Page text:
Morgan was born in Mancos in Montezuma County in far southwestern Colorado. Her family moved to California by the time she was in high school. Morgan had six siblings; five brothers and one sister. In the late 1940s, at Verdugo Hills High School in the Tujunga neighborhood of Los Angeles, she served as class treasurer (and got the nickname "Jaye P." after the banker J. Pierpont Morgan) and sang at school assemblies, accompanied by her brother on guitar.
In 1950, a year after her graduation from high school, Morgan made a recording of "Life Is Just a Bowl of Cherries" issued by Derby Records, which made it to #26 in the U.S. Billboard record chart . Soon after, she received an RCA Victor recording contract, and she had five hits in one year, including "That's All I Want from You," her biggest hit, which reached #3 on the chart. Other notable hits included "The Longest Walk" and "Pepper Hot Baby". In 1954, she married Michael Baiano. She joined MGM Records in 1959 after spending the previous six years with RCA Victor.
From 1954 to 1955, Morgan was a vocalist on the ABC television series show Stop the Music. In November 1955, the British music magazine, NME, reported that Morgan was the top female vocalist in the U.S. Cash Box poll.
She spent considerable time in the 1960s making nightclub appearances. In 1966, she guest starred on CBS's My Three Sons as fading singer Claudia Farrell in the episode entitled "A Falling Star".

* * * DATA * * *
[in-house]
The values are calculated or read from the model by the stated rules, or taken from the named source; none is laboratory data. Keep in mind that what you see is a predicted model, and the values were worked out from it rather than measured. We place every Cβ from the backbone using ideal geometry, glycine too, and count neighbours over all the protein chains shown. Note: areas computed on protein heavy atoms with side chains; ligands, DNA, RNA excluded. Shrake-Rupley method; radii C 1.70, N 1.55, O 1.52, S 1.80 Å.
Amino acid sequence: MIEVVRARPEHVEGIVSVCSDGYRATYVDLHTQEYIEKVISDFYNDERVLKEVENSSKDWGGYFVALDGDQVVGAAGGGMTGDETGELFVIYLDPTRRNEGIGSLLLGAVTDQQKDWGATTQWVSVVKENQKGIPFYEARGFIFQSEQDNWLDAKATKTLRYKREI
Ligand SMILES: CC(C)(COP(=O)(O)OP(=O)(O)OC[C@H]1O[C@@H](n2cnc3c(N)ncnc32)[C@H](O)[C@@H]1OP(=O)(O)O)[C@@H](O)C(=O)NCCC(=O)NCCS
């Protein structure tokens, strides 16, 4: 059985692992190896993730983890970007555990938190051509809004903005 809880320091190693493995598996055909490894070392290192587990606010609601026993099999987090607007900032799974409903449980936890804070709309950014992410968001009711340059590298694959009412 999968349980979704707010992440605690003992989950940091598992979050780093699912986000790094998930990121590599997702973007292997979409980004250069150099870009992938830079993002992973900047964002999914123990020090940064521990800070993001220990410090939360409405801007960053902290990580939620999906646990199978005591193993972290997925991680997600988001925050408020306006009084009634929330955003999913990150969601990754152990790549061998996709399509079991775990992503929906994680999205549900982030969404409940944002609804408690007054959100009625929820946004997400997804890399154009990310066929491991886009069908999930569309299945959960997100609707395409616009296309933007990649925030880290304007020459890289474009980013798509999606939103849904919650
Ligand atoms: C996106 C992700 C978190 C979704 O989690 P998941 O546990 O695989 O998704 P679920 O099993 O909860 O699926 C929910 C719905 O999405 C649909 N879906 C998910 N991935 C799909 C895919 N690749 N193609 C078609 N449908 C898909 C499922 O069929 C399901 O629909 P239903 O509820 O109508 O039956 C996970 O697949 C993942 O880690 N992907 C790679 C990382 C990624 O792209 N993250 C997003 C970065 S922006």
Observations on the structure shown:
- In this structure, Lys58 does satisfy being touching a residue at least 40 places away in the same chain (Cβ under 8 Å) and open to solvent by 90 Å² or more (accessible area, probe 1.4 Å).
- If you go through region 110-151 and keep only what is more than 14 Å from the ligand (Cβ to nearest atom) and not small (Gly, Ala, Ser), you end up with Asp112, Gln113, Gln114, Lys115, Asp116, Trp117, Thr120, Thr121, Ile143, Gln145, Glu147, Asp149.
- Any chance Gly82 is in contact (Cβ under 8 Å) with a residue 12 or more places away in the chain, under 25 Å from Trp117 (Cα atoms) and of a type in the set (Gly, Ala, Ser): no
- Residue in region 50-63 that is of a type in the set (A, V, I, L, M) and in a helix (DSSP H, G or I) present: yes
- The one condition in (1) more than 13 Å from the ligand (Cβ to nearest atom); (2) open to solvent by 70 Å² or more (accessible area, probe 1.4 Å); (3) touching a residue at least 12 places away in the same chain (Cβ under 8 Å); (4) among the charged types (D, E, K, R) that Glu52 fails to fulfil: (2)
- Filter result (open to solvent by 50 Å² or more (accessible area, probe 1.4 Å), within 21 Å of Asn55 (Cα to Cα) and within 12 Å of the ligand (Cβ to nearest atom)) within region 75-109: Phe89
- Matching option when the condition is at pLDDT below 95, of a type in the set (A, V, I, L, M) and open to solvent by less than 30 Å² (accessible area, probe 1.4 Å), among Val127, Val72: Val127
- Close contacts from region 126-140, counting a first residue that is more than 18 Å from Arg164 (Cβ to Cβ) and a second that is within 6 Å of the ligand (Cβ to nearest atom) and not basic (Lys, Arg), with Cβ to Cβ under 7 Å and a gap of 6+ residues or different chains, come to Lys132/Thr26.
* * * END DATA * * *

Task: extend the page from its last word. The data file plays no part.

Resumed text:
In 1961, Morgan was cast as Sally Dwight in the episode "Money and the Minister" of the CBS anthology series, General Electric Theater, hosted by Ronald Reagan. In 1962, she played Patty Maxwell in "Patti's Tune" of the CBS military sitcom/drama Hennesey, starring Jackie Cooper. That same year, she was cast as Kitty Flanders in "That's Showbiz" on NBC's The Joey Bishop Show. In 1964, Morgan was cast as Ruth Evans in the episode "Sunday Father" of the NBC medical drama, The Eleventh Hour.
In 1973, Morgan played herself in the episode "The Songwriter" of the sitcom, The Odd Couple. She appeared as Magda Valentine in the film The All-American Boy, and continued to play small roles in films such as Loose Shoes (1980), Night Patrol (1984) and Home Alone 2: Lost in New York (1992).
From 1976 to 1978, Morgan was a regular panelist on the popular game/variety show The Gong Show, from which she was fired for flashing her breasts. She also appeared on Rhyme and Reason and Match Game and in the 1980 "behind-the-scenes" movie version of The Gong Show. She also appeared on the Playboy Channel game show Everything Goes, and with her former Gong partner Jamie Farr on Hollywood Squares Game Show Week II in 2004.
Morgan appeared in the 2002 George Clooney–directed film Confessions of a Dangerous Mind, a fictionalized version of the life of Chuck Barris, creator of TV game shows The Gong Show, The Dating Game, and The Newlywed Game.